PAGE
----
A prevalent theme throughout the text was bravery, which often became intertwined with determination. Even when incredibly sick, Kalanithi began working to head back to surgery to help other people with their lives. And when he became aware of his limited time, he puts others before himself and changed his line of focus towards helping them deal with what he was going through. I think it is for this reason that his writing is so often filled with moments of realisation and epiphany - he is a shared diarist, comprehending an uncomprehendable situation through his words. 

There was a particular moment when his daughter was born, where he reflects on the intimacy between life and death - how the two are not really seperable binary opposites at all but are instead one and the same. Two different sides of the same coin. And at the end of the book, Kalanithi's final words are in regards to his daughter. She may never have truly known him in person, but those final words are incredibly personal. Especially in regards to the conversation surrounding cancer, this is a huge accomplishment. For thousands of people who have experienced this loss and for young carers, such as myself, it offers a great deal of hope that so long as there are people thinking and working as Kalanithi did, then the struggle is not in vain. There is always hope, no matter how bleak or difficult the situation. I am hugely grateful to Kalanithi for reminding me of that because it is an invaluable gift to hold and be reassured by.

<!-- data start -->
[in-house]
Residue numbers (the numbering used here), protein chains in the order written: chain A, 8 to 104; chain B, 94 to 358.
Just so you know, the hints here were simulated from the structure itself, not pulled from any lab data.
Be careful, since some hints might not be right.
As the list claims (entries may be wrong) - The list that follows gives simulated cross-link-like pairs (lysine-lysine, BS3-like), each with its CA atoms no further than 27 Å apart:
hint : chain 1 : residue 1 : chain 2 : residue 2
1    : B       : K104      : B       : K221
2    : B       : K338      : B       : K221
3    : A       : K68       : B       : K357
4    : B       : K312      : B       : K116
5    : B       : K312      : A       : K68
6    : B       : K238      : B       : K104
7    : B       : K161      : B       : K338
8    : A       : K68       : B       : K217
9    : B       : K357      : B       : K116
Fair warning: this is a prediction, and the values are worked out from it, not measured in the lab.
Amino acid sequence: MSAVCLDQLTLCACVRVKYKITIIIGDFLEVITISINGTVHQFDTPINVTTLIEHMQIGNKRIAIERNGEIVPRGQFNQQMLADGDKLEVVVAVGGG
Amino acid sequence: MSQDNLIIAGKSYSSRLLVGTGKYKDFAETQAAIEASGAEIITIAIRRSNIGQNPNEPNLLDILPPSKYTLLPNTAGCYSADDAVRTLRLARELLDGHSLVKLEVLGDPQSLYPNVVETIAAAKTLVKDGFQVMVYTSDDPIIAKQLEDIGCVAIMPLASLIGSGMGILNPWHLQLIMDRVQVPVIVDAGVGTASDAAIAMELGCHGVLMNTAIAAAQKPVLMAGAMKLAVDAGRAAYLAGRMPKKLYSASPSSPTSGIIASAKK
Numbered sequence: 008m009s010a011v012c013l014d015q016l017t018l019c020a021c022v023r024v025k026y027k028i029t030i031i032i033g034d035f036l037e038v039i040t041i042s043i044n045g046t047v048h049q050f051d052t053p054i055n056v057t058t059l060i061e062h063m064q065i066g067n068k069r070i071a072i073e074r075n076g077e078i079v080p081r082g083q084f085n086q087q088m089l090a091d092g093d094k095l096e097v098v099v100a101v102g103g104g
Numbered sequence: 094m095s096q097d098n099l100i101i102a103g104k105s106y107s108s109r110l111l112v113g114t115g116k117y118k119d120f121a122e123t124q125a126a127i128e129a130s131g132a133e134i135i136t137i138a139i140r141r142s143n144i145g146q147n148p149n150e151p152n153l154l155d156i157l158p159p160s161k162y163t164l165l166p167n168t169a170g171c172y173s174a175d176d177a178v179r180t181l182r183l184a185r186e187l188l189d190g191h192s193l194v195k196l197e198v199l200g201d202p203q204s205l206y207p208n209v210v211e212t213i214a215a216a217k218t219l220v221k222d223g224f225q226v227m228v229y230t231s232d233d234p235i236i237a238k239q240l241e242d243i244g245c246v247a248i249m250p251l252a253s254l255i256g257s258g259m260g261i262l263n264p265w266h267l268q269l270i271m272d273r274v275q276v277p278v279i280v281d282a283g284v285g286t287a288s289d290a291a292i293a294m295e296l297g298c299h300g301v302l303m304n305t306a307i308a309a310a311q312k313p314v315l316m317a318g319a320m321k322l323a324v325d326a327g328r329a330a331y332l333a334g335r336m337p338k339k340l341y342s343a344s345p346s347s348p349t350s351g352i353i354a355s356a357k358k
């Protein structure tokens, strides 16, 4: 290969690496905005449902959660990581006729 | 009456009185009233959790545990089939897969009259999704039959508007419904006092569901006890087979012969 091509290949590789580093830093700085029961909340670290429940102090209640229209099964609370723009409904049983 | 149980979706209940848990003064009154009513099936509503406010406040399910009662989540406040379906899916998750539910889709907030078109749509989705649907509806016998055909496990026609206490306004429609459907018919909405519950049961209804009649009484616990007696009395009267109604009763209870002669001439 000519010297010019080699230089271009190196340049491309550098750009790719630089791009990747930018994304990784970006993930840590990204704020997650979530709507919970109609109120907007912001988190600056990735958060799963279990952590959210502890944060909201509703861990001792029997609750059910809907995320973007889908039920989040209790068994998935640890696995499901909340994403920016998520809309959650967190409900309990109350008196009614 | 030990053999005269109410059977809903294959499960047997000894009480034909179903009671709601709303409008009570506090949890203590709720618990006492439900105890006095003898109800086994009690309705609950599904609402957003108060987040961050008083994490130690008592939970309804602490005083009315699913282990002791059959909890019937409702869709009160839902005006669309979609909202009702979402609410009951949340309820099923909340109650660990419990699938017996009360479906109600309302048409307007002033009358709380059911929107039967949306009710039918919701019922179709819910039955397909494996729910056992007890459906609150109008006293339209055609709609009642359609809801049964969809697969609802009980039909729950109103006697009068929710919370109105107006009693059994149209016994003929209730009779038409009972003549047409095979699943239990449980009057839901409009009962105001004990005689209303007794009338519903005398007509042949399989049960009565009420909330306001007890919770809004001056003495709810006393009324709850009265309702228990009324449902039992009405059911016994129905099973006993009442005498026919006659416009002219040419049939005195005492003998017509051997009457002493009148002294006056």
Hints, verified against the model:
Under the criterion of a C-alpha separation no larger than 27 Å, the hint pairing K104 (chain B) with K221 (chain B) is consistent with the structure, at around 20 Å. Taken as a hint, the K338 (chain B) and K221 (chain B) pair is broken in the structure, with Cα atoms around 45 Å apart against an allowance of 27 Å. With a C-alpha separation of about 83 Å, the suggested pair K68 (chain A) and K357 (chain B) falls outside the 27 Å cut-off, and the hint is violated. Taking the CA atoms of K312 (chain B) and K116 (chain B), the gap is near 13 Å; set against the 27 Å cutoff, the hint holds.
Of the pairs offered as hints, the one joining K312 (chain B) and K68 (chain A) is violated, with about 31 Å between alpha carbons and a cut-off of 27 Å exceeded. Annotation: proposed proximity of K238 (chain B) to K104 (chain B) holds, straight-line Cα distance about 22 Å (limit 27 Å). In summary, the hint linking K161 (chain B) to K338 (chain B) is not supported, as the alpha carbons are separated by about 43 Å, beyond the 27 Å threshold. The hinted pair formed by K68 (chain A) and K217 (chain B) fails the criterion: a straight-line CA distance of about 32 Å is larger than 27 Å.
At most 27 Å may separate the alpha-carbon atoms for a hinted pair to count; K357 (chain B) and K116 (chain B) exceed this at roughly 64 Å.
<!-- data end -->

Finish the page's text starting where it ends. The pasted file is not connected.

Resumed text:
In terms of how you might write about this at literature degree level, I think this would have fit fairly well with a module such as my contemporary writing class in which we frequently discussed the role of memoir and of trauma. Writers such as Lacapras are the sort of critics who might be used in initial research also. If you were answering a question such as How does Kalanithi show the impact of cancer on his life throughout the memoir? then you might split it into three sections. Personally I would focus upon how he shows his family reacting (including the epilogue), how he shows himself reacting, and also the contrast in narrative from the happy past (at the beginning of the novel) to the struggle of the present (middle to the end). 

As for a thesis, it's really hard to come up with just one. I think there is so much to be said for this book that I cannot quite sum up in words all of it due to just how blown away I have been by the whole experience of reading it. It has definitely changed me and my life. It has reached me on a personal level which makes it much harder to analyse than I initially thought it would. But due to the previous example question and elements you might comment upon, I think the best thesis statement to argue would be Through the contrast of the past and present for both himself and his family, Kalanithi is able to show that cancer is a complex illness which both destroys an old life and creates a new one within which hope is something which is worth everything.

Thank-you for all your support and comments. It is a fantastic thing to be able to help answer any of your questions and to share my adventure with all of you. It makes my day every day! 

If you like, you can click here to vote for me as Blogger of the month. Thank-you!